Last year the Securities and Exchange Commission’s Division of Trading and Markets held a series of roundtables on issues related to structure of the U.S. equity market, including market data and access, thinly traded securities, and retail fraud and how to prevent it.
On Friday, SEC Chairman Jay Clayton and the division’s director, Brett Redfearn, in a public talk at Fordham University in New York City discussed how the agency plans to address this year some of the issues raised in those roundtables.
“I think it is evident that each of three roundtables from last year raised and framed important issues that require review,” Clayton said in his prepared remarks for the talk, titled ”U.S. Equity Markets: Looking Back and Moving Forward.” He added that the agency continues to seek input from market participants and investors in its efforts to update market structure “for 2019 and beyond.”
Here are some of the highlights from Friday’s talk, according to his prepared remarks:
Market Data and Market Access
The primary regulation governing equity market structure, Regulation NMS (National Market System), is almost 20 years old and hasn’t kept up with the changing technology that has “shifted the regulatory landscape in fundamental ways,” said Clayton.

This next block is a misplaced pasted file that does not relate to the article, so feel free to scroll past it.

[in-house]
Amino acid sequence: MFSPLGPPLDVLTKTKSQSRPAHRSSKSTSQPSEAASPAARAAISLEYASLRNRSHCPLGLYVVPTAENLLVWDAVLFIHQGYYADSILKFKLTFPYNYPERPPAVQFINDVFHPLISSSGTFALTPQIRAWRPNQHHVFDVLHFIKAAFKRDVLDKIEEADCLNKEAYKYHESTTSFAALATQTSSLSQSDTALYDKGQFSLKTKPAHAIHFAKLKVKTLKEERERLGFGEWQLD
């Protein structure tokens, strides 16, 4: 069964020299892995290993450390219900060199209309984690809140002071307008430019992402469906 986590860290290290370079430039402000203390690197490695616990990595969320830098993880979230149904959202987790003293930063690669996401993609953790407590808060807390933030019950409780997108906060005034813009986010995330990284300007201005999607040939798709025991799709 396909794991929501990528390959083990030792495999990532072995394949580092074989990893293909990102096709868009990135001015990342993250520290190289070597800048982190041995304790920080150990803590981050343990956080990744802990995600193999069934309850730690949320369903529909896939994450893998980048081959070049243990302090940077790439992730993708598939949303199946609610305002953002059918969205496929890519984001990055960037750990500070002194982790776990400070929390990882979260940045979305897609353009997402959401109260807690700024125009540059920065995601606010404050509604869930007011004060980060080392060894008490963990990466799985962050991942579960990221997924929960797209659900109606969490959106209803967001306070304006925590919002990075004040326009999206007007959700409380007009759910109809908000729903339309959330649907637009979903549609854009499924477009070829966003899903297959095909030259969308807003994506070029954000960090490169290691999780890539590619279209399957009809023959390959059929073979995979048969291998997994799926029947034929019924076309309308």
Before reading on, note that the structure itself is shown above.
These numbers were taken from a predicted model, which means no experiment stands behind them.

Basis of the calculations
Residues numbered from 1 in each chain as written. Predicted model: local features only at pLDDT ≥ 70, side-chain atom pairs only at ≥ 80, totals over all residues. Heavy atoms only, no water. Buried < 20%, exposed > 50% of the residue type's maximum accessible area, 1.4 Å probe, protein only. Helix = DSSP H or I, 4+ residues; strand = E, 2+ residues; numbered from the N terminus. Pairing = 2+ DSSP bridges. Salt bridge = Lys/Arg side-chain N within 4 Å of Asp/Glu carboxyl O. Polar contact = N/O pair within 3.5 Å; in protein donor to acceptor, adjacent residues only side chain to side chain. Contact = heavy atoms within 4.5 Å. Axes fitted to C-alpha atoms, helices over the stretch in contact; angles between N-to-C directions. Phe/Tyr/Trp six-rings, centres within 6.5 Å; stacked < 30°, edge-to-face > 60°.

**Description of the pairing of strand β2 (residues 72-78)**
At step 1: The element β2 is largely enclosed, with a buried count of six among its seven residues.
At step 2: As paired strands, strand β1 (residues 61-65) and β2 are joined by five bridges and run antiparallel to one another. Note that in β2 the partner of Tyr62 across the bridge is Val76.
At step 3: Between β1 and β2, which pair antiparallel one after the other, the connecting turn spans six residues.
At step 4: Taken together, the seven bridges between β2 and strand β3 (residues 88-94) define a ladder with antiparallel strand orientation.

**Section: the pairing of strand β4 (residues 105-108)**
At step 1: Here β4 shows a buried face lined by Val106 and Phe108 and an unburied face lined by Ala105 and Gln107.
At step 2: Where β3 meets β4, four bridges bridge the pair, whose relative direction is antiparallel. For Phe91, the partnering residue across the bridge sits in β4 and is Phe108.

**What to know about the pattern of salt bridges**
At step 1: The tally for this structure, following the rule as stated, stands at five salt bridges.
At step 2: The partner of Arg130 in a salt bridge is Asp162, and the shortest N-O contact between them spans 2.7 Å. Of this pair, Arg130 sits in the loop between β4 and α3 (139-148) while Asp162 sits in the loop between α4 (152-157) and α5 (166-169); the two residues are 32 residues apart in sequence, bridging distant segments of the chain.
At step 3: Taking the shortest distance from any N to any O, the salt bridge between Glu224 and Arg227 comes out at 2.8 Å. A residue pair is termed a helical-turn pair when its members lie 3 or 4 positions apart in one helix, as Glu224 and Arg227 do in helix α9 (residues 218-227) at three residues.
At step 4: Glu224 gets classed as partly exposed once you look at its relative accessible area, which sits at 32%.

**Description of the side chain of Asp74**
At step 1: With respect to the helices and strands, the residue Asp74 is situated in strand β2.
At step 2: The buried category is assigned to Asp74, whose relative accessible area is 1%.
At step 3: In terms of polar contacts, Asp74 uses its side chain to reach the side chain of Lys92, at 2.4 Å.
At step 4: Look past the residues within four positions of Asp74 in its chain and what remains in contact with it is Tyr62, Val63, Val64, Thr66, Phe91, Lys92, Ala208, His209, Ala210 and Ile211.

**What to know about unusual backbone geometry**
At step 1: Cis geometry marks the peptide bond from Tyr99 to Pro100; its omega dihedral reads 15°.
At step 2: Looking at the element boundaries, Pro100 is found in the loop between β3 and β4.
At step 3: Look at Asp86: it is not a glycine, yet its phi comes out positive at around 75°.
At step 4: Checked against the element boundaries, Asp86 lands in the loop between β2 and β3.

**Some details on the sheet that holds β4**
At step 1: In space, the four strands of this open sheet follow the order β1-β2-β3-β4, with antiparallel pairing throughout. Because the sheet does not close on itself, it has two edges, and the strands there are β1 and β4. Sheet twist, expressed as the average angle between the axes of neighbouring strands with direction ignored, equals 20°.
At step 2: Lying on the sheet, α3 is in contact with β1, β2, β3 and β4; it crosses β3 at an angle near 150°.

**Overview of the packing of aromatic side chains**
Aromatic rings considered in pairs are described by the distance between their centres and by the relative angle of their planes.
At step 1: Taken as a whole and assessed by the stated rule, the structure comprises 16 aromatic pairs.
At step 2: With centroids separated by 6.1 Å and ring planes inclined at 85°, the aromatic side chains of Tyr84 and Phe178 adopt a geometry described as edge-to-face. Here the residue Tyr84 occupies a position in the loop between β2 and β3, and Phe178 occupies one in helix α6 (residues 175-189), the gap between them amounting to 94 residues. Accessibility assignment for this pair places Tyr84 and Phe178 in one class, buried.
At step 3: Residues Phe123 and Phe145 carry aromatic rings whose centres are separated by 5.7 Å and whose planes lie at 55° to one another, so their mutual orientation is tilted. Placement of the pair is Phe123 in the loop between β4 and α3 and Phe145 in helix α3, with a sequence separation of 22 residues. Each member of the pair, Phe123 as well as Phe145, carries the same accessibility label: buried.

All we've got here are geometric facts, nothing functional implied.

He described a two-tiered system of market data and market access in U.S. equities: a consolidated public data feed, known as the core data, that is distributed as part of that national market system, which includes stock exchanges and the Financial Industry Regulatory Authority, and ”an array of proprietary data products and access services that exchanges and others sell, [which are] generally faster, more content-rich and more costly.”
Clayton said he has instructed the staff at the Division of Trading and Markets to develop recommendations for updating core data in order to better serve the needs of investors and market participants.
Redfearn said the staff intends to explore multiple core data issues where the NMS lags proprietary systems, including speed, odd lot quotes, order protection and best execution and depth-of-book liquidity.
In addition, Redfearn said SEC staff would study governance of NMS plans that oversee the structured investment products (SIPs), transparency related to costs and revenues associated with SIPs and fair and efficient access to markets at venues.